Streaming service HBO Max Latin America has ordered the said original animated film reports Deadline.
‘Iam working with children,” Wonder Woman (Gal Gadot) sighs in mock exasperation toward the end of Zack Snyder’s Justice League. She has a point. This is surely the most infantile of recent superhero yarns — a film that squanders the talents of an impressive ensemble cast and eschews any meaningful characterisation in favour of ever more overblown special effects.
It’s a grievous disappointment by comparison with this summer’s impressive Wonder Woman and is very far removed from the Gothic brilliance of Christopher Nolan’s Batman movies.
As in so many superhero films with more than one main protagonist, the filmmakers jump around in frantic fashion, trying to make sure everybody gets more or less the same amount of screen time. As the film begins, Superman is dead and buried. (We saw him die at the end of Batman vs.Superman.) It is hardly a spoiler alert given that he is listed in the credits, and that actor Henry Cavill has been doing plenty of press, to reveal that Superman’s death is on a par with that of Jon Snow in Game Of Thrones or Bobby.
That’s to say, it’s a temporary condition which only needs a little shock treatment to cure. The world is in a terrible state with no Man of Steel to protect it. A very plaintive rendition of Leonard Cohen’s Everybody Knows” on the soundtrack lets us know just how bad matters have become.
The villain here, wearing mighty, goat-like horns and looking suitably grotesque, is “Steppenwolf”, played by Ciarán Hinds beneath very thick layers of green make-up.
As Hippolyta (Connie Nielsen) and the Amazons find out in one of the film’s best action sequences, Steppenwolf is quite a handful. He is assisted by an army of flying, verminous, drone-like creatures. Batman and Wonder Woman realise they can’t deal with Steppenwolf on their own. They need superhero reinforcements.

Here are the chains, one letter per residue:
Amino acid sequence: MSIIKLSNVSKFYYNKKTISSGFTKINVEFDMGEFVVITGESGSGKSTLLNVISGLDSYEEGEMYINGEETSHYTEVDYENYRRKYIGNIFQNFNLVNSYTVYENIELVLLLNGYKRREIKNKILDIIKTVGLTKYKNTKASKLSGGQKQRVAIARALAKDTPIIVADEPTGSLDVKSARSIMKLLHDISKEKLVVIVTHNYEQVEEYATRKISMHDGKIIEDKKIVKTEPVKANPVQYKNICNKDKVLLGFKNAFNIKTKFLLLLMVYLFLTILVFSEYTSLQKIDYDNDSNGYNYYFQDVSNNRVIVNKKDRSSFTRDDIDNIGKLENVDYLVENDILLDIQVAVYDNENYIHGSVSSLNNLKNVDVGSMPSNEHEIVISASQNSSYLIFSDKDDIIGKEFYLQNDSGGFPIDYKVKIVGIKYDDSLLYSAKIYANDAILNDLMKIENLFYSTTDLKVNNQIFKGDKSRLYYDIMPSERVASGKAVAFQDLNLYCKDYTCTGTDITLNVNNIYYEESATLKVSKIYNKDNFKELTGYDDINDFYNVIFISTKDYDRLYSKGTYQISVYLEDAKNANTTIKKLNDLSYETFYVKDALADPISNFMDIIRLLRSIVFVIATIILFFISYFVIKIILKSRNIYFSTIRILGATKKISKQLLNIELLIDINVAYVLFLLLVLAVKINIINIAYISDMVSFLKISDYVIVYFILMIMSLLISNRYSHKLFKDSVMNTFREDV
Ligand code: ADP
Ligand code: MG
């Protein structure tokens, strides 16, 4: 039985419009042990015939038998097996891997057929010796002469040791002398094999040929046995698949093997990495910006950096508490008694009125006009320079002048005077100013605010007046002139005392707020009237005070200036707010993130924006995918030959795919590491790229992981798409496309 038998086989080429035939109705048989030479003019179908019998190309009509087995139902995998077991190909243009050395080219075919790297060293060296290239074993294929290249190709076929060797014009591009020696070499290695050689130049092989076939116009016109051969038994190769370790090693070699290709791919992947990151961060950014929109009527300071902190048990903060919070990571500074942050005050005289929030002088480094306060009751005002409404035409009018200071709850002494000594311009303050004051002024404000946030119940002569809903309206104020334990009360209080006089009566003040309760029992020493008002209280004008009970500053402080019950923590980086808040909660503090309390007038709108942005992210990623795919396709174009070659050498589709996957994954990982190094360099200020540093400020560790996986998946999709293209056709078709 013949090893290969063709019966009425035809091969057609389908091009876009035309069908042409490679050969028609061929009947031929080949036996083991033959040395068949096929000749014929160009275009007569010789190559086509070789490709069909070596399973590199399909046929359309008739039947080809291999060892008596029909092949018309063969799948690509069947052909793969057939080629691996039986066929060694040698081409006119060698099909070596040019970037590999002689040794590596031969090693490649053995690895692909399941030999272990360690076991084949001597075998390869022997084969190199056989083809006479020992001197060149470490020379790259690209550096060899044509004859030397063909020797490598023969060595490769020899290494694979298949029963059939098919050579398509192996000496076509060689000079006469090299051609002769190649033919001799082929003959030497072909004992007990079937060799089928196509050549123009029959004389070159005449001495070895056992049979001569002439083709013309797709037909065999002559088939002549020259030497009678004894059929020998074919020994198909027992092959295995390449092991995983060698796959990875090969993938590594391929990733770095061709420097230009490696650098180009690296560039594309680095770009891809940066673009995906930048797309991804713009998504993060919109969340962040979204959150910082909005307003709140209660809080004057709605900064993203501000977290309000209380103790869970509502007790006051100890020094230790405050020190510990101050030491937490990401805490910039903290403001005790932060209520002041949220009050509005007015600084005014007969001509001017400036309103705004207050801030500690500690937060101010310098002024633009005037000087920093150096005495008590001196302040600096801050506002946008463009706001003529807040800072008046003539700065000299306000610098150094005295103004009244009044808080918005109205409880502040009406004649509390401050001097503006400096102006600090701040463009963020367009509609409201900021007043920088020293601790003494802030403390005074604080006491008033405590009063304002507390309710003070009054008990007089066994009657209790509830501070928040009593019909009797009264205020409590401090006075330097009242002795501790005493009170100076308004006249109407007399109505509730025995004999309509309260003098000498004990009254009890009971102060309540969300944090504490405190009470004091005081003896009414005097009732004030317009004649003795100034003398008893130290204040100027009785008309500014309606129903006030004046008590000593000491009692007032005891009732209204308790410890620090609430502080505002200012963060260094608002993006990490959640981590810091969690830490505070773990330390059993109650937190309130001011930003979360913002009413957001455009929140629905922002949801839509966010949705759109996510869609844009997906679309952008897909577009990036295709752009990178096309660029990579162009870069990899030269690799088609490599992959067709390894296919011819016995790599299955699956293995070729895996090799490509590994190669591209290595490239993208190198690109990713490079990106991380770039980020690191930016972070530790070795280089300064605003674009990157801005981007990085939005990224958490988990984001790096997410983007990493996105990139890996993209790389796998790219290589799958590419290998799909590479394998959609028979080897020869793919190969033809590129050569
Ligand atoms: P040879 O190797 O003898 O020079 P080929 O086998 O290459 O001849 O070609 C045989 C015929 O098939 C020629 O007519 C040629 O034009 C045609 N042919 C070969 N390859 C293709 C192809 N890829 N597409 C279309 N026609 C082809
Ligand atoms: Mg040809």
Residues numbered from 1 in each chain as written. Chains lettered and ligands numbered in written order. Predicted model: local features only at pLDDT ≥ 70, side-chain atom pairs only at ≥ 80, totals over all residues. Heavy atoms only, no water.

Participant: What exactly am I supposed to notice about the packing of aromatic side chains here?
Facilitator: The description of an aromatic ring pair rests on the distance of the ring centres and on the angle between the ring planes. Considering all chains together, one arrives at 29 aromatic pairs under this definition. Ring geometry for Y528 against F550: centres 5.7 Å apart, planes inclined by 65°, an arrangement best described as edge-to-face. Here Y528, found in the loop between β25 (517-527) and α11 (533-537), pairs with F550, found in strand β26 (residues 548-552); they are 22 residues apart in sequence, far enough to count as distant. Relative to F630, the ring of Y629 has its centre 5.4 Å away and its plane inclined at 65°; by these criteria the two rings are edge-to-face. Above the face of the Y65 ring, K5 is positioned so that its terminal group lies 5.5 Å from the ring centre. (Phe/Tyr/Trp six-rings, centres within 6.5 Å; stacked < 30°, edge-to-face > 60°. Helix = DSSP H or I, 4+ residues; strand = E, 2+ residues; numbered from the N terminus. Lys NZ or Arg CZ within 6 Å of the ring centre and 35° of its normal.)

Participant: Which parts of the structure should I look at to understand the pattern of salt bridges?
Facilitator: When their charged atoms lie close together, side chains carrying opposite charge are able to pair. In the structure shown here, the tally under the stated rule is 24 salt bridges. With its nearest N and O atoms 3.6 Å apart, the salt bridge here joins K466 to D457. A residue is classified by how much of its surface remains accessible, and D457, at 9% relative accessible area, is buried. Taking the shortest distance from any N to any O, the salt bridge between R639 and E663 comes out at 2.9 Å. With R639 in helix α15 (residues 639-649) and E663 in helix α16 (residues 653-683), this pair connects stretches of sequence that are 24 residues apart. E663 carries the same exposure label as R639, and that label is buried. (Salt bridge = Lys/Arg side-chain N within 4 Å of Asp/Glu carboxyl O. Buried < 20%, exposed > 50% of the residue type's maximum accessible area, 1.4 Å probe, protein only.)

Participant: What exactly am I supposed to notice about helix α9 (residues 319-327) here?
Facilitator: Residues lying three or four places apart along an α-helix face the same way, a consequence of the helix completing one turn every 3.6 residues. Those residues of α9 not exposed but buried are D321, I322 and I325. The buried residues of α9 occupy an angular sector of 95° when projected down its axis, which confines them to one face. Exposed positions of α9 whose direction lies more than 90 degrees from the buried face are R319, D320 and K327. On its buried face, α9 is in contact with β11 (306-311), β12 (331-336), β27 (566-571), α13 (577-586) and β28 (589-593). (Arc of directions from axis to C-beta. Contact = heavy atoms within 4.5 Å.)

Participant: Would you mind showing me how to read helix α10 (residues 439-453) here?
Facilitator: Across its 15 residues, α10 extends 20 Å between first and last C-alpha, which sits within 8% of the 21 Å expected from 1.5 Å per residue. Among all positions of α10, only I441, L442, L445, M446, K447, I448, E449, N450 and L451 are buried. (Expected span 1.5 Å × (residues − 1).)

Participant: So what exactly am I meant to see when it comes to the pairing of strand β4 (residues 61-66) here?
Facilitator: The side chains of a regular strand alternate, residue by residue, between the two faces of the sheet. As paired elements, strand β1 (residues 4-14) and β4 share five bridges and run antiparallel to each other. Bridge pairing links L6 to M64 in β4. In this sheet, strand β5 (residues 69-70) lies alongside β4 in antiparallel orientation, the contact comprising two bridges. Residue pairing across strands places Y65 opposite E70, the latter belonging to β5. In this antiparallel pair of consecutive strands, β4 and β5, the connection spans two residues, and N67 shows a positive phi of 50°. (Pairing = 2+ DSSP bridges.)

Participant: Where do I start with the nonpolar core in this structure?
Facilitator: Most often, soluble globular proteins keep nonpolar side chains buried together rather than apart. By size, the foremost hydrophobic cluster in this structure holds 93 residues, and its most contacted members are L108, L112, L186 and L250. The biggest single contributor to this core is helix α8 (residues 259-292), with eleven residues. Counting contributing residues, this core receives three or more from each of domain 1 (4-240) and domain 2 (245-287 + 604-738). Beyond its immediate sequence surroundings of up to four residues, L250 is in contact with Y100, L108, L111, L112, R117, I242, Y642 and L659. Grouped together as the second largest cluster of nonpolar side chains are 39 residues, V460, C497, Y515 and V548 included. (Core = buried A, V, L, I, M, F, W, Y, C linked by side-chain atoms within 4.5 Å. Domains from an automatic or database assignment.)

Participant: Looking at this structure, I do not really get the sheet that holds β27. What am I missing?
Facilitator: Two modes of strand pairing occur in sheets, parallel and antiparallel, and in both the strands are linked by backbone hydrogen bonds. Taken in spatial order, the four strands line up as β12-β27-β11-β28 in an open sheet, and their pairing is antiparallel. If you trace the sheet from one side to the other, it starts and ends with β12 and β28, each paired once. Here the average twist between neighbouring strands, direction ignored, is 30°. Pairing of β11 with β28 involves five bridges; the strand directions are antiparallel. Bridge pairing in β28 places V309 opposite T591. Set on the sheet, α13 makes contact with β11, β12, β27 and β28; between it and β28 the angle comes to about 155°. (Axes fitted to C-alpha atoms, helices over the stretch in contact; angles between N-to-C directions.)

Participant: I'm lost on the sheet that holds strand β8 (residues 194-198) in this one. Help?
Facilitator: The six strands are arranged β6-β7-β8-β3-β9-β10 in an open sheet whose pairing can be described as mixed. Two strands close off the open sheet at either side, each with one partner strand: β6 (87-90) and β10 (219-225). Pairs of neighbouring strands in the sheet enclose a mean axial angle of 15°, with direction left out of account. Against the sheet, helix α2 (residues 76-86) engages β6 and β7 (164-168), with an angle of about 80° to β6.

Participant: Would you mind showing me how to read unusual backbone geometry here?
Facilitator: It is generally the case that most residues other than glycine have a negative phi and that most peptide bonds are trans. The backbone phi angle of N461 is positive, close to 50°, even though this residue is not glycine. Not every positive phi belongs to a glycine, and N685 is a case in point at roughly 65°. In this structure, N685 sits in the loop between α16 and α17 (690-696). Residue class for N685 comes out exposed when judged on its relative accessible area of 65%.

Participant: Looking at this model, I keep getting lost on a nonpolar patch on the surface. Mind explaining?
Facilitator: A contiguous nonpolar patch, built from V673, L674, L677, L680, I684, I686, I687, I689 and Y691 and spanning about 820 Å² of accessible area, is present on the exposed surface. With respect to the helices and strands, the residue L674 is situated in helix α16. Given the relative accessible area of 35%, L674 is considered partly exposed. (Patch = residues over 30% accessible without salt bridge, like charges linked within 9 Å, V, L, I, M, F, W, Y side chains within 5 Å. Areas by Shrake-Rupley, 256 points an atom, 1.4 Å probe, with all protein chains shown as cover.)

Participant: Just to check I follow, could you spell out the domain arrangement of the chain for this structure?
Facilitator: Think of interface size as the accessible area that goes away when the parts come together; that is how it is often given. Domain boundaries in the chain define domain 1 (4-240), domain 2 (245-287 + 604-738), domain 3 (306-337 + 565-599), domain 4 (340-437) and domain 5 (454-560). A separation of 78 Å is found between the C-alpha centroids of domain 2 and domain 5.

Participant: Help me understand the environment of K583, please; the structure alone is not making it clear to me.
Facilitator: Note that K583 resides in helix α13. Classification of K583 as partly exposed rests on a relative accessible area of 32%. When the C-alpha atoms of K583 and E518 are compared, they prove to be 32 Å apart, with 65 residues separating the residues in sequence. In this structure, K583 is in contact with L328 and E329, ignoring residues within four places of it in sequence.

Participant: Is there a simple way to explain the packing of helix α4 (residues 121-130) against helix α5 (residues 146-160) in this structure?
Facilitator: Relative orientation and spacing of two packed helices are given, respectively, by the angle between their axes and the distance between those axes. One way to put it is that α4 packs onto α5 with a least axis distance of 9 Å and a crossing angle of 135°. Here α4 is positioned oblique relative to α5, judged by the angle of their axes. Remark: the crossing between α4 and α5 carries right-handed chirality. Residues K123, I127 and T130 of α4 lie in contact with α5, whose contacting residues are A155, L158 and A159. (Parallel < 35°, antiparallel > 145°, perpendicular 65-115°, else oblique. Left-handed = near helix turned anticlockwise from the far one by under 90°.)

That leads to them working together with The Flash (Ezra Miller), a nerd who can harness massive amounts of electricity and is always fretting about his blood sugar levels; the very hairy Aquaman (Jason Mamoa), who talks to the fishes and functions best underwater; and Cyborg (Ray Fisher), recovering from terrible injuries and who is halfman, half-robot. Director Snyder has some tremendous character actors playing non-superheroes at his disposal but most are used in only the most token way. JK Simmons plays Commissioner Gordon but isn’t given the chance to do anything like as much with the role as Gary Oldman did in the Nolan films. Amy Adams is back as the brilliant investigative journalist and Clark Kent love interest Lois Lane, but she is very much in Superman’s shadow, there to remind Clark of his roots and his identity. So is Diane Lane as Clark’s bereaved mom. Affleck tries not very successfully to convey Bruce Wayne’s world-weariness and inner angst. As Alfred Pennyworth, the devoted butler, Jeremy Irons lends a little self-deprecating British irony. “We might not have thought this through,” he observes to Batman when one of his plans to thwart Steppenwolf doesn’t work in the way envisaged. The same observation could also be made of Snyder and his scatter gun approach to Justice League. With the latest Thor film still hammering away at the box office and Batman vs Superman (2016) grossing close to $900m (£684) worldwide in spite of lack lustre reviews, there is no sign yet that the public is falling out of love with superhero movies, whether from Marvel or the DC Camp. It is to be hoped, though, that Hollywood can find some way of injecting new life into these increasingly wearisome and childish stories of caped crusaders and masked avengers.